If you find that the thermostat is turning the lamp down and producing a lower basking temperature, try using a lower wattage bulb.  This problem is common is warmer weather.  Even quite a large tank can be successfully heated by a 40w or 60w lamp.  If you are still struggling to get the basking spot high enough try a more specialised lamp, such as an ExoTerra Intense basking spot lamp, or a halogen basking light.  Both these lamps create a more intense heat beam, giving a higher basking spot while keeping the other end of the tank cool.


Feeding Your Spiny Tailed Monitor


Spiny tail monitors eat a varied mixture of live insects.  They can be fed the very occasional pinkie or other high protein food item as a treat, but be careful as these treats are also high in fat which can cause health problems for them.


Baby monitors need insects every day.  When a monitor is ready for sale it should only need to be fed insects once per day.  It is best to feed the lizard in the afternoon when the animal is active and up to temperature.   As the lizard needs the high basking temperatures to digest its food properly do not feed them within four hours of the lights being turned off.  As the monitor matures it will need to eat less frequently.  An adult monitor may only need to be fed 3 or 4 times per week.


Look after the crickets as ‘you are what you eat’.  The live food will last longer if kept in a larger well aired tank like a cricket keeper, and fed spider water and cricket food.


A full spectrum vitamin and mineral supplement (such as Nutrobal) should be added to the food twice per week, and a pure calcium supplement should be added a further three times per week.


As the monitor grows and starts to eat bugs less frequently adjust the number of supplemented feeds so that the ratio remains the same.  An adult lizard should be getting the full spectrum supplement once per week, and the pure calcium once or twice per week.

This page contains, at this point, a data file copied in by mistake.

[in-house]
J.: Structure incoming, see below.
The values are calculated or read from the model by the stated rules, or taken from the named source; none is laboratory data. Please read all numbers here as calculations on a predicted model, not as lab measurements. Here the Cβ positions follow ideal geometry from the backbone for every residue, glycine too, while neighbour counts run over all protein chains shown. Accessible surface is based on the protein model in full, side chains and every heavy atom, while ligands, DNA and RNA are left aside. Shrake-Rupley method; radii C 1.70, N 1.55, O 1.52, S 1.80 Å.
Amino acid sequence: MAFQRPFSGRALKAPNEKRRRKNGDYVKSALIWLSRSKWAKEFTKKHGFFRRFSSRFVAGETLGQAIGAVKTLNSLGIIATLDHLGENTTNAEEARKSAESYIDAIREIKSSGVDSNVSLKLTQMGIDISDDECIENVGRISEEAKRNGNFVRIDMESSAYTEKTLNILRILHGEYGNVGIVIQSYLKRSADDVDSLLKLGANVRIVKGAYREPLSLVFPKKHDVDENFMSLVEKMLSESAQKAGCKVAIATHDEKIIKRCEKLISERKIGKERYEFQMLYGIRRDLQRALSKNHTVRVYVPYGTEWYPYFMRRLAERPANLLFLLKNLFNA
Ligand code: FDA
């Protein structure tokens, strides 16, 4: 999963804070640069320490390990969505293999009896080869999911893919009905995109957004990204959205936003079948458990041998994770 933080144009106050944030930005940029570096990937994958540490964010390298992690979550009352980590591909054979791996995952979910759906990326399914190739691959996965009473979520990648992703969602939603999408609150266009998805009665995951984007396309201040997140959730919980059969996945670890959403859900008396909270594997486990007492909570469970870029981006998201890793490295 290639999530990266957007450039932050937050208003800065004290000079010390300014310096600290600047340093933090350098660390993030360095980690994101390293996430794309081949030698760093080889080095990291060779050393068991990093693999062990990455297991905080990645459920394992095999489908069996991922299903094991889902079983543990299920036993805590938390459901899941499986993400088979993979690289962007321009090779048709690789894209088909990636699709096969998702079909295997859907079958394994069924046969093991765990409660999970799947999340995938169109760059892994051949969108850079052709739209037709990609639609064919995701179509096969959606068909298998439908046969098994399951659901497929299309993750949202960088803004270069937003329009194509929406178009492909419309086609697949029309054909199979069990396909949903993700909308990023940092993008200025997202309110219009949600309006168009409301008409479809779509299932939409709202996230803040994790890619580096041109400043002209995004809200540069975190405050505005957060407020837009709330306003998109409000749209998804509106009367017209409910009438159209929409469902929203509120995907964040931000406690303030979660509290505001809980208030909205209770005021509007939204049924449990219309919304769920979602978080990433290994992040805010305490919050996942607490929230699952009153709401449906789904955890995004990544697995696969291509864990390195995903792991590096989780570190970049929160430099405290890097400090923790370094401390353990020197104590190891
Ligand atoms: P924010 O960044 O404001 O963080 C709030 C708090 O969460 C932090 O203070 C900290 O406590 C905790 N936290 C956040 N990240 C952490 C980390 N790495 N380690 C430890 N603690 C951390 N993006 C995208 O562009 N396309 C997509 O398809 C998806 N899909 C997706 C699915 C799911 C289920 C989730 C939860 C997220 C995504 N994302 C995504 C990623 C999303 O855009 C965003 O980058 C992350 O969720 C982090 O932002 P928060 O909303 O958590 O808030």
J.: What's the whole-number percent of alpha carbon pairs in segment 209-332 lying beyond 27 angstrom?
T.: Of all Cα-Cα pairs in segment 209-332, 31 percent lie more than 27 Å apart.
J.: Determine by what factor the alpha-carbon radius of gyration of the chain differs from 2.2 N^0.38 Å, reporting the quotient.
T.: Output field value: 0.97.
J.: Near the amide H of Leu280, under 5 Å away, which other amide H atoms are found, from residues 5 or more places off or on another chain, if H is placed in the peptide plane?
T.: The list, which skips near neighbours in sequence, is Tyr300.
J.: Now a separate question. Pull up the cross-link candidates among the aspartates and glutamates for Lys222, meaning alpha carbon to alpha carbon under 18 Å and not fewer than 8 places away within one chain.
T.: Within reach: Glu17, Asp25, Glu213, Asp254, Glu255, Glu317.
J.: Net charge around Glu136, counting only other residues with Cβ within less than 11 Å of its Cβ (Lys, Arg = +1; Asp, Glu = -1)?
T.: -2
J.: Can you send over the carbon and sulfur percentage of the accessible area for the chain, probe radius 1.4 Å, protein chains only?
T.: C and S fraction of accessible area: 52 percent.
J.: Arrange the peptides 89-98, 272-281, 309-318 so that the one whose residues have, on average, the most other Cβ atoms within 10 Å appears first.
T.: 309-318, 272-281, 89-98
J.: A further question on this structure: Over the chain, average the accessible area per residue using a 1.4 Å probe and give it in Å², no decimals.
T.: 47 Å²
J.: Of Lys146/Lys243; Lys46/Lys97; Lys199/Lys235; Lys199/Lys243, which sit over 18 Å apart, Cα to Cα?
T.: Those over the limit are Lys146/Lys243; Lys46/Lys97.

To dust the crickets place 8 – 10 appropriate sized insects in a large jug or clear plastic bag.  Add a pinch of powder and shake to coat the insects.  Feed these to the monitor.  If these are all eaten and the lizard is still hunting, feed another 2 – 3 insects, keep adding more bugs until the animal is full.  This extra food does not need to be dusted.


Daily Care for Your Monitor Lizard


The monitor should be offered fresh water every morning.  When changing the water look around the tank and remove any mess.  If you keep on top of the spot cleaning then the tank will only need to be fully cleaned about once every four weeks.  When doing a full clean out put the monitor somewhere safe.  Remove and clean all decoration and dishes from the tank.  Remove all the old substrate and clean the tank.  When the tank is dry, put in clean substrate, and replace the décor. The lizard can then return home.  When cleaning the tank do not use household detergents and disinfectants as these can be toxic to reptiles.  There are a range of reptile specific cleaners available.

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Tyrannosaurus Pets